It may not sound like too much of a plot, but again, this is the first in a six-part series, so much of the bigger story and finer details are yet to be revealed. On the plus side, the fact that there’s only so much of a Digimon-centered plot means that the movie actually gets a good deal of development in for the main characters.
The DigiDestined have all gone their separate ways, but keep in touch from time to time. Tai has a big soccer game coming up, and sees it as an opportunity to get all of his old friends together again. The entire first act of the film more or less just deals with each character’s everyday life, with Tai in constant disappointment at his failure to get them all together.
It seems kind of silly, but it works for nostalgic purposes for its target audience. And each character is given a fair bit of attention, which is twice as commendable given how many of them there are (we even get a new character named Meiko, though she admittedly gets less screen time than the rest). Plus, I kind of enjoyed the rather low-key pace that much of the film had. It gives audiences a chance to be reintroduced to the characters and let them know where they’ve been since we last saw them in an effective way.
As you might expect, the DigiDestined do eventually band together when evil Digimon start invading, and their faithful Digimon partners all return to help them battle the evildoers. The film even toys with the heroes’ new outlook on the battles they wage now that they’re a little more mature (as kids they see their dinosaur friend fighting a giant insect and just wants their buddy to be victorious, but now that they’re older they worry about the collateral damage they may cause, and the people they might hurt). Though I admit I could have done without the bromantic rivalry between Tai and Matt being reignited, and a sub-plot involving the good Digimon being vilified by the media feels a bit underdeveloped.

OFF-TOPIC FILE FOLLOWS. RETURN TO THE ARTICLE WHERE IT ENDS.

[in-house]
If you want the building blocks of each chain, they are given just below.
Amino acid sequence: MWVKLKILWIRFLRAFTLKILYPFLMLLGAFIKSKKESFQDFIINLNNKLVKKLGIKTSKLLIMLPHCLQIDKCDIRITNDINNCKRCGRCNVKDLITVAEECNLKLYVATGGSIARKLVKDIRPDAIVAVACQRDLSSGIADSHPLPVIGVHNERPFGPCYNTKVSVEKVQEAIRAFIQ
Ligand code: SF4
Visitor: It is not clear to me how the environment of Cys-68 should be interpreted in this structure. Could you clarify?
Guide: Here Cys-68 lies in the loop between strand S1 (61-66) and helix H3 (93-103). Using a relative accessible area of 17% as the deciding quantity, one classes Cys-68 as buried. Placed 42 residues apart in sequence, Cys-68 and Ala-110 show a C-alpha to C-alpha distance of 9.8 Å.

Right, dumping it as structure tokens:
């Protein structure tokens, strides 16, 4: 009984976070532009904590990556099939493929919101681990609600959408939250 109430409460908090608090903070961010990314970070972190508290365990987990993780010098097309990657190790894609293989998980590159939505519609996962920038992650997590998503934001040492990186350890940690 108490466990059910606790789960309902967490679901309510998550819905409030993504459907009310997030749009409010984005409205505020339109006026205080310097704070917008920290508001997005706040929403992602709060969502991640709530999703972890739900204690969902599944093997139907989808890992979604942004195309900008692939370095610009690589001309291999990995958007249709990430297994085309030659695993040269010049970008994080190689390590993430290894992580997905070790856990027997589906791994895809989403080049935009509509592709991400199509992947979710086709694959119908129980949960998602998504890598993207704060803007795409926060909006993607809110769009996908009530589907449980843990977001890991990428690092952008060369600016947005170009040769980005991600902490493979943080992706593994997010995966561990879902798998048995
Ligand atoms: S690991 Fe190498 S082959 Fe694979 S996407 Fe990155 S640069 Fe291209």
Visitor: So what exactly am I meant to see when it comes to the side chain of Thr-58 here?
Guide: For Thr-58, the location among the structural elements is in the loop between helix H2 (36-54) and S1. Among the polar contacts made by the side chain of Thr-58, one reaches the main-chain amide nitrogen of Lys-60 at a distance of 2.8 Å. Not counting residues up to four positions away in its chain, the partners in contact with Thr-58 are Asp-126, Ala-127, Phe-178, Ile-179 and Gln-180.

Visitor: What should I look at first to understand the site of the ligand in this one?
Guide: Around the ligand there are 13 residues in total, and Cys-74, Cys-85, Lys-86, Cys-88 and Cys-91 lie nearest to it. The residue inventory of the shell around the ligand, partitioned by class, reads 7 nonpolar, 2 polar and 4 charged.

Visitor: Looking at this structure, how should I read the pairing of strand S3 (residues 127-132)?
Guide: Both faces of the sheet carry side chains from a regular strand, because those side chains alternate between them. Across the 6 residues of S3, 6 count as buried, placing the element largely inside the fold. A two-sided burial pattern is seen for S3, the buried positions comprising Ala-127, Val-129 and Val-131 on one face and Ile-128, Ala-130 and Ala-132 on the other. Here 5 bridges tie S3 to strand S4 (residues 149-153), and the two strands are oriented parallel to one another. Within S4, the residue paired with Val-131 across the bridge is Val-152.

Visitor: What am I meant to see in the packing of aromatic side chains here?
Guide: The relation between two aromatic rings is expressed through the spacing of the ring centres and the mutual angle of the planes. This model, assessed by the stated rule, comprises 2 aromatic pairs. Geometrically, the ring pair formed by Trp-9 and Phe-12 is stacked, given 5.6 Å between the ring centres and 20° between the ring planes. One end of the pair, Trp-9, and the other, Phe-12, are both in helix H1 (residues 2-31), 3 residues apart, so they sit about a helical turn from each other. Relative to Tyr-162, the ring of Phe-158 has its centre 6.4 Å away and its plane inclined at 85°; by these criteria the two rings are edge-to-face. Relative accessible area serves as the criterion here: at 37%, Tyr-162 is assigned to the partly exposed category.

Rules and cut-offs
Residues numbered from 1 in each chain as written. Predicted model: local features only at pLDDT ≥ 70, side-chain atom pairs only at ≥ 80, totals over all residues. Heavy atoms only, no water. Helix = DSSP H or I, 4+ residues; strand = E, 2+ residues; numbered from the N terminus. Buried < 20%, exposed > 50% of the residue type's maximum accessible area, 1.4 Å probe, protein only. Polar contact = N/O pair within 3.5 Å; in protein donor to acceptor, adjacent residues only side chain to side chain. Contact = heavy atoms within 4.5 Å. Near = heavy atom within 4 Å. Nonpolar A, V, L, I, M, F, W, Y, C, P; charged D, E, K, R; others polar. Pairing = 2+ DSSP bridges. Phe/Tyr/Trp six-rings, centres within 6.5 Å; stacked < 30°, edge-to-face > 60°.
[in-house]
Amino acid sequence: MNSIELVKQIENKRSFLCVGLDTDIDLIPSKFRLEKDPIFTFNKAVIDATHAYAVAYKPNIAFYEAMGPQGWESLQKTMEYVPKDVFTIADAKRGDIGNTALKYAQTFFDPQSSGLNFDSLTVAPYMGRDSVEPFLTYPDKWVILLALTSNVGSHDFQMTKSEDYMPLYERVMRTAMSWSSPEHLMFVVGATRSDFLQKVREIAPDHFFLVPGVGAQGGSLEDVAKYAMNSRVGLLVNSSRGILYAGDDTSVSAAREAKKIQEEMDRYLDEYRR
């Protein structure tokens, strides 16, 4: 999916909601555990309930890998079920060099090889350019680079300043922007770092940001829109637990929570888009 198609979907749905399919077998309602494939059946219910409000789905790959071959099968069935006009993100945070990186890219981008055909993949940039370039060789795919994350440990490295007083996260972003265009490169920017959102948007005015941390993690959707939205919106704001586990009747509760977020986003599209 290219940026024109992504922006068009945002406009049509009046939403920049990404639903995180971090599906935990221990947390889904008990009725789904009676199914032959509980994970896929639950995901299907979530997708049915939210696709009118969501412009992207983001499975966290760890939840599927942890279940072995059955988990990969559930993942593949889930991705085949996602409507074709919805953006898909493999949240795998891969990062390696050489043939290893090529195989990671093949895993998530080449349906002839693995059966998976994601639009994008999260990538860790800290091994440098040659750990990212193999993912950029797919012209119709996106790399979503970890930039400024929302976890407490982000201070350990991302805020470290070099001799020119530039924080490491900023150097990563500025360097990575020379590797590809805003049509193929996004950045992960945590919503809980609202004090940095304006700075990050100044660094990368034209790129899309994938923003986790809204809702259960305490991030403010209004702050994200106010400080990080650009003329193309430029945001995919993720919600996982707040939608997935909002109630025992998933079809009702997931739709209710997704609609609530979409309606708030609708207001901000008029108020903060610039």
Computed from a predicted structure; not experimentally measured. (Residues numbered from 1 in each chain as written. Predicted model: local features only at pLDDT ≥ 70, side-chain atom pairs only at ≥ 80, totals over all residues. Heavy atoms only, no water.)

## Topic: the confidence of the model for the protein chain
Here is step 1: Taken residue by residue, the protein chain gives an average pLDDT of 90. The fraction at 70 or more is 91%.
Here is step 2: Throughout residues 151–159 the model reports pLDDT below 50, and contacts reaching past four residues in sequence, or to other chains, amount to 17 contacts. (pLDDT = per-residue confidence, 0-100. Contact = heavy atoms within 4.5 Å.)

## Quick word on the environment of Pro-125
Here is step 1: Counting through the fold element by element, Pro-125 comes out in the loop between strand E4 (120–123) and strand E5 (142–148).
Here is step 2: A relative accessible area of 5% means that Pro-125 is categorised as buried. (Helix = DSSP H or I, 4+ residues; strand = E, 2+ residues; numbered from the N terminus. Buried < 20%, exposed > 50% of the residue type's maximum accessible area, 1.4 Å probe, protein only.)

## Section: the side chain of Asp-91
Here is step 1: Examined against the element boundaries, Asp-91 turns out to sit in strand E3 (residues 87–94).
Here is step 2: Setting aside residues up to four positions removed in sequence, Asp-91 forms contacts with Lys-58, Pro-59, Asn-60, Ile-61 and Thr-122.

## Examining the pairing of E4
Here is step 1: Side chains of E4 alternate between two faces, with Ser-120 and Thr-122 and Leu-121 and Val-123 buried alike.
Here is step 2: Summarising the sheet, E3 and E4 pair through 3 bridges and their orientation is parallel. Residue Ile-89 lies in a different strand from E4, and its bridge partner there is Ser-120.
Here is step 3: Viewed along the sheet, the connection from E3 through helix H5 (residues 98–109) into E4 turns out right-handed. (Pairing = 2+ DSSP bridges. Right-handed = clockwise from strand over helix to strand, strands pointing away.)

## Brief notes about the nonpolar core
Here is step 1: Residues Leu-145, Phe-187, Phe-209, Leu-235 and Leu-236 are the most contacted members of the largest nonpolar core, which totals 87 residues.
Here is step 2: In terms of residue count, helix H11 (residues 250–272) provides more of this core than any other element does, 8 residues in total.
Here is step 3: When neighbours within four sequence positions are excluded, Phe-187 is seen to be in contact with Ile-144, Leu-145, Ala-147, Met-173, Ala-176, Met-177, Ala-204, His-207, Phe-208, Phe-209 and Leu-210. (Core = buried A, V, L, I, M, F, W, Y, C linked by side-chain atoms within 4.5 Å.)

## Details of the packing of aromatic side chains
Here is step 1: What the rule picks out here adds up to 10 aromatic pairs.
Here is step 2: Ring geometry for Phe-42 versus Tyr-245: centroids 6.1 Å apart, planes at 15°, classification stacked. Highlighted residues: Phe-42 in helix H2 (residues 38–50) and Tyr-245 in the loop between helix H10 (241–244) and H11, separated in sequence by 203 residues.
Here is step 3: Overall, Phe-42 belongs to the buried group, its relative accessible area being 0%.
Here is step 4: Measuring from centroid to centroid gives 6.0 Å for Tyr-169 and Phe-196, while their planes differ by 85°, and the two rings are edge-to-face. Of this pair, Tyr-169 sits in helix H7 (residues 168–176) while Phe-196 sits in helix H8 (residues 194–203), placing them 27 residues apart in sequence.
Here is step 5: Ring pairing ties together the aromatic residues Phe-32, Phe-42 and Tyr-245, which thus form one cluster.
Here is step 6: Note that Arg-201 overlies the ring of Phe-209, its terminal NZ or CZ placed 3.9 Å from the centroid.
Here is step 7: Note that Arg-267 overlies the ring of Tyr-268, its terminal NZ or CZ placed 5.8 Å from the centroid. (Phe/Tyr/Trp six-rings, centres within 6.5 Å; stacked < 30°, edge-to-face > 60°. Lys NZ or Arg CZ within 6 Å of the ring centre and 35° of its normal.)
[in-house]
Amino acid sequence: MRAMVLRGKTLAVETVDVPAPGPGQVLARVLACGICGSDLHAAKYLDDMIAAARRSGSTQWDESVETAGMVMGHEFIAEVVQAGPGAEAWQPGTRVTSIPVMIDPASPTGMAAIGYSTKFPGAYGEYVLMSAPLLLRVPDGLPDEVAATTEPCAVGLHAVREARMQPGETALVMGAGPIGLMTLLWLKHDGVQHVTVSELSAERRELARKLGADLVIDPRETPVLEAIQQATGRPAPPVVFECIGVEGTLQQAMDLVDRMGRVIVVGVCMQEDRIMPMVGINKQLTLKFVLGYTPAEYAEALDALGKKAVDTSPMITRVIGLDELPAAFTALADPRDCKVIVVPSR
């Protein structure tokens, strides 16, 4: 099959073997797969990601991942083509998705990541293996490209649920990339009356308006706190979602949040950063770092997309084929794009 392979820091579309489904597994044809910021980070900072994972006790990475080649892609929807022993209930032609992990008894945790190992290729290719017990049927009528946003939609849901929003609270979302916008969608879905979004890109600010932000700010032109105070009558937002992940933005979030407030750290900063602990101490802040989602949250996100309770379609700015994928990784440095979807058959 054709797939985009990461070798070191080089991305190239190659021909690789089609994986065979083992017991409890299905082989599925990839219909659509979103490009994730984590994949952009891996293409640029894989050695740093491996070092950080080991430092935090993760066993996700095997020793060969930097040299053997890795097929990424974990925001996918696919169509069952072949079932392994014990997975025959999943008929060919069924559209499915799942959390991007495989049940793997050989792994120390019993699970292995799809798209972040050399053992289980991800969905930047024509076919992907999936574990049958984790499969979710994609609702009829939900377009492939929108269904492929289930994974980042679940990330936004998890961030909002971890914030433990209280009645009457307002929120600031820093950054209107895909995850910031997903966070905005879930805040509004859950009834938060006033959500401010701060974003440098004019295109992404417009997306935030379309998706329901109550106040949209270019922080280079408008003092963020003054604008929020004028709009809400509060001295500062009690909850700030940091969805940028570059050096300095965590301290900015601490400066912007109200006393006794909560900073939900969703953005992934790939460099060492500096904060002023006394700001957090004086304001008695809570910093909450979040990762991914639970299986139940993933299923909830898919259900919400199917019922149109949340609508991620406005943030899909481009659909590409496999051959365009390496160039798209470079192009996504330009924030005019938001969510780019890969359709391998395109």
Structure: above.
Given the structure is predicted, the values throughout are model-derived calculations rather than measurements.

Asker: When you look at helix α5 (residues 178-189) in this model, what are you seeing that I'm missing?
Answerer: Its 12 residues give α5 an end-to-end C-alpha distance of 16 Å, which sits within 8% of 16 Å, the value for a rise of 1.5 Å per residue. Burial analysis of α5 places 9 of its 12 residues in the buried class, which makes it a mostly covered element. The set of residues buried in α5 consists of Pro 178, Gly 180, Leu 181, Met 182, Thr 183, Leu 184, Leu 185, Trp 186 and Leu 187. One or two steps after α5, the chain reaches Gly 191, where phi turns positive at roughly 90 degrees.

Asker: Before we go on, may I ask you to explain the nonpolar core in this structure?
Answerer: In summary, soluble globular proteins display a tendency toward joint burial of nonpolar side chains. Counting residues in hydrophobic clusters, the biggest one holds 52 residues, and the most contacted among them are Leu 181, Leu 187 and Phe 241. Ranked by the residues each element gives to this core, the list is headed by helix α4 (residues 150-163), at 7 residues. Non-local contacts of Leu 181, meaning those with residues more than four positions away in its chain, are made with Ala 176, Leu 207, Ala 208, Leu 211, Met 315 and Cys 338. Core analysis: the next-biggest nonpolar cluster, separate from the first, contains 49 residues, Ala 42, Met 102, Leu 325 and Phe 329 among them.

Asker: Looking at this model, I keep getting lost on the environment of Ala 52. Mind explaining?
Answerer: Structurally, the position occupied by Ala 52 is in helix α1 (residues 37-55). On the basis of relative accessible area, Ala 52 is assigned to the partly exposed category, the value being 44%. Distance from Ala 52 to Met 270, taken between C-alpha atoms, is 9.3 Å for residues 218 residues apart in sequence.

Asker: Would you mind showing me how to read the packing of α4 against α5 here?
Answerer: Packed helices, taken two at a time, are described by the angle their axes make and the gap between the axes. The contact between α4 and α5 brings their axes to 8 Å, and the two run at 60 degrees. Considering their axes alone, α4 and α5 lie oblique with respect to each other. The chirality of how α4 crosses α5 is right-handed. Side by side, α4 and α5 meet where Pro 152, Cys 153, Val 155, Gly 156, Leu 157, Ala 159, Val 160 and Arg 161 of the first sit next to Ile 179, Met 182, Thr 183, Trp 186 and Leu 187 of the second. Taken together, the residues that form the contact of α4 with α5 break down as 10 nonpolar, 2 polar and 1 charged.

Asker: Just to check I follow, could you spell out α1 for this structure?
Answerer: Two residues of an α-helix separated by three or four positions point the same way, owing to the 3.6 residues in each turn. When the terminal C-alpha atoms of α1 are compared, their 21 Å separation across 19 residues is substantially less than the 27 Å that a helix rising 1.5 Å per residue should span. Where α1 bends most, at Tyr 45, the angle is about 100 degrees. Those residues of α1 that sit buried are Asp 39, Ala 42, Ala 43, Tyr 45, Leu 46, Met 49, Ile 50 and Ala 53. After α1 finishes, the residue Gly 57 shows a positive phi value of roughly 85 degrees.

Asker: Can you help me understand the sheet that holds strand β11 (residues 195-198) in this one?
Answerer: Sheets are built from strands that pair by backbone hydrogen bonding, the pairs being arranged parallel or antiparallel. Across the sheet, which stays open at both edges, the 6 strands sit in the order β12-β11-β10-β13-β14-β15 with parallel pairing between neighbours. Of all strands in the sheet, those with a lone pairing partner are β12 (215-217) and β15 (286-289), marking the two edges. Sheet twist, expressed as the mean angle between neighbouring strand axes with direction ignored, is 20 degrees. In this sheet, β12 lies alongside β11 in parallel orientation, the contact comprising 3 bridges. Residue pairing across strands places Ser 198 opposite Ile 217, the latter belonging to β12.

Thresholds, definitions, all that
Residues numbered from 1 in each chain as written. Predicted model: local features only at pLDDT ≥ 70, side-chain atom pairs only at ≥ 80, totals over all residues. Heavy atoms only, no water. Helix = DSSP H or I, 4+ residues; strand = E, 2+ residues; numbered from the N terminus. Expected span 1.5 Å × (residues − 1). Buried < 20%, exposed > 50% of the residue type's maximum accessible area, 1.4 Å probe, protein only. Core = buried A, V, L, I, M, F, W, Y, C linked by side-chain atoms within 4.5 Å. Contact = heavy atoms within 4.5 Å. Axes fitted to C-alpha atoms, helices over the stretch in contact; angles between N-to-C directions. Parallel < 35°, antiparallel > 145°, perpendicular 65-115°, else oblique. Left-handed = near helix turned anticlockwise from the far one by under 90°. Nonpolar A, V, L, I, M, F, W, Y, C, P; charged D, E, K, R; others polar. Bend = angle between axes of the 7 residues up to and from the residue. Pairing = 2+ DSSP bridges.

Perhaps the film’s best aspect is how successfully it hits all the right nostalgic notes. Even with the slower pace early on, it feels like a Digimon movie. As stated, Digimon Adventure Tri does a really good job at re-establishing the characters, and the battles between Digimon are quite satisfying. Having much (though sadly not all) of the original English voice cast is the cherry on top, with the audience that accompanied my screening erupting with applause every time one of the returning voices was heard. The film even features the iconic photograph the characters took at the end of the first series (though it is obscured by lighting, giving us a good tease).
The film is also pretty well animated. It’s certainly a good number of huge steps up from the quality of the original TV shows, with the animation here being appropriately fluid for a theatrical feature (though some background characters unfortunately seem to be suffering from Hannah-Barbara-ism, as they appear to be frozen in space and time). The backgrounds are often quite detailed and even beautiful to look at. The musical score also had some highlights, especially a magnificently cheesy new theme song that rivals what the original TV shows had to offer.
When all is said and done, one’s opinion of Digimon Adventure Tri. Chapter 1: Reunion will largely depend on your history with the show itself. It has good characters, and good development for them, but the plot – which mostly serves as an introduction to the five films to come – and the emphasis on nostalgia probably won’t resonate with anyone who isn’t familiar with the original shows. So as a standalone movie it may not be too effective. But as an introduction to a new series featuring classic characters, and for those who grew up watching Digimon, it certainly does what it set out to do.
All I know is, even with its flaws, my nine-year old self was doing backflips through the whole thing.